Ro had never shown an interest in command. This doesn't mean that he doesn't have the capacity for it, but he's never wanted it. The position was literally thrust upon him because absolutely no-one else was a high enough rank to take the job, and he was already pretty far down the pecking order. If anything, T'Lorra should have been the captain since she had actual experience at leading a ship in both regular and combat situations. T'Lorra knows she should be captain. And Ro knows that she'd probably be the better choice, if she wasn't a Romulan. Stadi knows it deep down, but refuses to acknowledge it.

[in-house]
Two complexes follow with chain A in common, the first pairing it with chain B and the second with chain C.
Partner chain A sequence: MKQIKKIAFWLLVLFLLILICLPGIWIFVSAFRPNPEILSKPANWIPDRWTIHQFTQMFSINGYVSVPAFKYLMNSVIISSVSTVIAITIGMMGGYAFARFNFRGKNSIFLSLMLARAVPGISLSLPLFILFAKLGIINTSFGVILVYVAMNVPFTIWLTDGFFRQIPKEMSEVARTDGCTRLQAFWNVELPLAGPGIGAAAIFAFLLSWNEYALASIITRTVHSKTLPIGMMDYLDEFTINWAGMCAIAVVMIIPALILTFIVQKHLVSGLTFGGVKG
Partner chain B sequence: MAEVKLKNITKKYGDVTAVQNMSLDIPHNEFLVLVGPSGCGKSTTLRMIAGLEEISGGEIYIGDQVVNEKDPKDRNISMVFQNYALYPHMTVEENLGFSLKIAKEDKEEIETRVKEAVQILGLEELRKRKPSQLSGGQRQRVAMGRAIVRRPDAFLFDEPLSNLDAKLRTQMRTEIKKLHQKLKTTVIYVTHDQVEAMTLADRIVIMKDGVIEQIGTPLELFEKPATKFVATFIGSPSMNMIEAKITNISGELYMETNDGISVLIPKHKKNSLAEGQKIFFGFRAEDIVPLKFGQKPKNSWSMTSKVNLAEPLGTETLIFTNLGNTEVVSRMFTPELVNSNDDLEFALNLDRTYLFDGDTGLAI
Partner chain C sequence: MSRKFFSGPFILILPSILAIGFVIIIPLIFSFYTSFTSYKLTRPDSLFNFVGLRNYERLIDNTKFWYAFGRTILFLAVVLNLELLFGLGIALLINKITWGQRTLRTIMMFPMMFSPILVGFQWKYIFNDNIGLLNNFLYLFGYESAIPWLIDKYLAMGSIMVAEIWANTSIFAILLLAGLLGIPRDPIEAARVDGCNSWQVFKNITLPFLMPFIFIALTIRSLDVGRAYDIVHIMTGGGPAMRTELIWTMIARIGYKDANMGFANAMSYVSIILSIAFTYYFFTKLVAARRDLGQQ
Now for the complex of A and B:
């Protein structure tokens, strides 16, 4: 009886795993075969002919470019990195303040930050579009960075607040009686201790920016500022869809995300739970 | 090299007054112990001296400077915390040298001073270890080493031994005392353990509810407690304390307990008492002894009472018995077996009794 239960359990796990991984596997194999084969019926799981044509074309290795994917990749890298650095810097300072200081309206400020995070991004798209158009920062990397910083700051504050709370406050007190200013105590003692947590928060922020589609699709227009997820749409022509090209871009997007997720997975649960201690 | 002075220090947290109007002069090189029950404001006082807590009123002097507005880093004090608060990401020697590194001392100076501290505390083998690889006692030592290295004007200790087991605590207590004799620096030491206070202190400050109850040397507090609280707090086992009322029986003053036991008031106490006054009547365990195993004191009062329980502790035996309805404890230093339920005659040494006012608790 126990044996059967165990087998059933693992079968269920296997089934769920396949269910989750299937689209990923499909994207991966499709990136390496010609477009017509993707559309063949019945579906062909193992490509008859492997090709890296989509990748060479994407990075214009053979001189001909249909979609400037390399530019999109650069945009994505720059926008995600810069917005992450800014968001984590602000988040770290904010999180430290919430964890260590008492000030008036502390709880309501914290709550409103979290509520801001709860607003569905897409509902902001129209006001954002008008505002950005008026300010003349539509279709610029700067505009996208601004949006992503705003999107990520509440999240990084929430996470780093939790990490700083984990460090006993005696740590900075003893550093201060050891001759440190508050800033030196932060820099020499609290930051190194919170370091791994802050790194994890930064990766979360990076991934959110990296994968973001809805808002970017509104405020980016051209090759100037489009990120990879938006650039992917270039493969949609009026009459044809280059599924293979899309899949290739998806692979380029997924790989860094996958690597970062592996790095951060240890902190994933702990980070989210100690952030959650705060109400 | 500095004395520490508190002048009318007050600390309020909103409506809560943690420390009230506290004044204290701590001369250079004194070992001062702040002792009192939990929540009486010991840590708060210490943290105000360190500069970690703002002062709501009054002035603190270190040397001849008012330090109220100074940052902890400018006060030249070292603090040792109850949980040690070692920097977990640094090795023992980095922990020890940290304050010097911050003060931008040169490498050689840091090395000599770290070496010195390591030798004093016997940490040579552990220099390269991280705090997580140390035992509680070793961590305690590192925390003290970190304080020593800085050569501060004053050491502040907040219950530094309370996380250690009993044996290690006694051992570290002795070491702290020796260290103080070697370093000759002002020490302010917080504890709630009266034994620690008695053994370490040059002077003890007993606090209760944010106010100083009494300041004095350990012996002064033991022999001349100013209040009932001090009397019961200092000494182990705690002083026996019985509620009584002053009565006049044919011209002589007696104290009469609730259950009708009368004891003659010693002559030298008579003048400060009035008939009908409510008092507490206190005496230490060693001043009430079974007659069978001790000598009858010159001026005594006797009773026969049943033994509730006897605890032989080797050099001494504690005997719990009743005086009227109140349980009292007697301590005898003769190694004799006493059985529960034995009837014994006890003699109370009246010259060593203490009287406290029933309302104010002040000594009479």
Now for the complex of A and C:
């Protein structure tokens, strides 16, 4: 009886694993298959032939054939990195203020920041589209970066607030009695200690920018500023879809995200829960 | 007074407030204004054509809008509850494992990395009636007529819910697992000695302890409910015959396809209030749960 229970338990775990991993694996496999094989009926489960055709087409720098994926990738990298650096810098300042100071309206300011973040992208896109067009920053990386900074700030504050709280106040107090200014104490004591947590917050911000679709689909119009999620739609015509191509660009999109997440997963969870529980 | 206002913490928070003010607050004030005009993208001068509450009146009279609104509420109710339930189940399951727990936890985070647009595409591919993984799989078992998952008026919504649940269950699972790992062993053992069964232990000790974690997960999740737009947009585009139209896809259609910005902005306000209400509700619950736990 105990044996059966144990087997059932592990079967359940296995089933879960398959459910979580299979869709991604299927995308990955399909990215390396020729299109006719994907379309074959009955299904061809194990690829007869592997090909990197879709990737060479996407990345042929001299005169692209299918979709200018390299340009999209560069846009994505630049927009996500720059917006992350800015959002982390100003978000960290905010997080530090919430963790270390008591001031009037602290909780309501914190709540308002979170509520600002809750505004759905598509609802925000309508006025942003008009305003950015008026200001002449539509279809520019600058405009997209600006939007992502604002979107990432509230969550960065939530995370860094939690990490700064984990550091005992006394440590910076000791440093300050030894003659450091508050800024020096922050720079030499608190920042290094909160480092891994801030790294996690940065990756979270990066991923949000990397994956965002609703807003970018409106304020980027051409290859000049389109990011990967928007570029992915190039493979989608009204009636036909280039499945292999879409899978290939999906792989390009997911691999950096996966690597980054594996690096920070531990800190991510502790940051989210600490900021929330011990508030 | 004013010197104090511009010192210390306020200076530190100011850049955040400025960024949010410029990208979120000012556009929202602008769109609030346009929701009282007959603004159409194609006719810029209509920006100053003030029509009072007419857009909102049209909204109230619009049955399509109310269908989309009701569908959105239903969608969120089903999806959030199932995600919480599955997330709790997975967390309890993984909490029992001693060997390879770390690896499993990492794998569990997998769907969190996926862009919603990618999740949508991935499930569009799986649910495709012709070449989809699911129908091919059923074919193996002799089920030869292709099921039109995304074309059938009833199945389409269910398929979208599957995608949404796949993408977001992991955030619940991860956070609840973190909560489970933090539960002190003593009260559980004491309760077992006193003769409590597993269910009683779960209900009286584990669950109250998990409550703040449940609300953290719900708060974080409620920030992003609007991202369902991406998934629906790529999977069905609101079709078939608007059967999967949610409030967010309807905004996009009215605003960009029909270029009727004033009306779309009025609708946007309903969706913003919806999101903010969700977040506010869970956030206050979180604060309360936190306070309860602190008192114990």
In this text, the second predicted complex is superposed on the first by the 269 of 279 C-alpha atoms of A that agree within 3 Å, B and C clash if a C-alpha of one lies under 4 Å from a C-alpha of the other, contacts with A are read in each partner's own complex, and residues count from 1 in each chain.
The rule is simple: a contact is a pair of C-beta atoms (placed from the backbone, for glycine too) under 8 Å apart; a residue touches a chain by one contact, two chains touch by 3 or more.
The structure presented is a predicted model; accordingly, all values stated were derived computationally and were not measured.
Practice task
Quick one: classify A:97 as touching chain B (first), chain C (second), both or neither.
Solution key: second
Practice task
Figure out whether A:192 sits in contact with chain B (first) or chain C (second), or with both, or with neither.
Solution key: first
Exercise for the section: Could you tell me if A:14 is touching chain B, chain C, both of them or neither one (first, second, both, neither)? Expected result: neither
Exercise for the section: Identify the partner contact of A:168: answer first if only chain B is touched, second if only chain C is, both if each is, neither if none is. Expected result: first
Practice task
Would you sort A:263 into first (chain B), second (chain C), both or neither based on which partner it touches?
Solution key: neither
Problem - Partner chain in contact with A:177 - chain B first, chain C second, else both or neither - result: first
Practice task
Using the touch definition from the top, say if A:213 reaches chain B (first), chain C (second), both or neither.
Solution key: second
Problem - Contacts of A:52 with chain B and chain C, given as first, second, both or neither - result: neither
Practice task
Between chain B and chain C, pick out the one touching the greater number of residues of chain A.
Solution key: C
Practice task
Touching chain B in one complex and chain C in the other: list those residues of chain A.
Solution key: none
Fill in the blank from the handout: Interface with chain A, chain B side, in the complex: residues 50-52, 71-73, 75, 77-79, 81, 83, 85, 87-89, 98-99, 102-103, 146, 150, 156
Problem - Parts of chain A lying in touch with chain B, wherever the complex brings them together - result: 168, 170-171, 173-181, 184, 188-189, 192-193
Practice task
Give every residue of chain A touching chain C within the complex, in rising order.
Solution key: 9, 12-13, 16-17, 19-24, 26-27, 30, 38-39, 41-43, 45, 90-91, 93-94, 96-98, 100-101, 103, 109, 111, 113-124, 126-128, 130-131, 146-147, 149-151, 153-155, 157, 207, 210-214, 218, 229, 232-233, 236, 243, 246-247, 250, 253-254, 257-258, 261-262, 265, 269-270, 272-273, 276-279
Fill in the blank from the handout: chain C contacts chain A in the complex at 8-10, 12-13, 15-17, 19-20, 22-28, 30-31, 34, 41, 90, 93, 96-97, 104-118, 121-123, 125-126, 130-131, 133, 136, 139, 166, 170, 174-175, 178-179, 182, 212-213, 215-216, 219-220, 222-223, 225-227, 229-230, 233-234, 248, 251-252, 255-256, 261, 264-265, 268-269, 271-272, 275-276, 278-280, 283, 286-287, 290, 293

The whole point of Wine Dark Sea is that it sets up Ro to fail. He doesn't succeed at sitting in the captain's chair, and disciplining the crew, and if he had been able to do that by the end of the episode I don't think we would have told an authentic story. Command doesn't come easily to people. It takes experience, it takes making mistakes, and it takes a lot of training that he lacks. So you have all of these components - a woman who is experienced enough, and frustrated at the circumstances that her environment has forced her into, another woman who can tell exactly what all of these people are feeling and generally hates it, and a man in charge who really doesn't know what he's doing. Should he interrupt these people? How does he tell the woman with more experience than him to sit down and shut up? How can he tell Stadi to be quiet when a lot of what she's saying, he's thinking? And to your comparison to Janeway, she had a full senior staff, and a lot of training behind her. She was prepared to be in the role of captain. I bet you any number that had you taken Janeway as a lieutenant commander, she'd probably have done better than Ro due to her ambition, but not much better.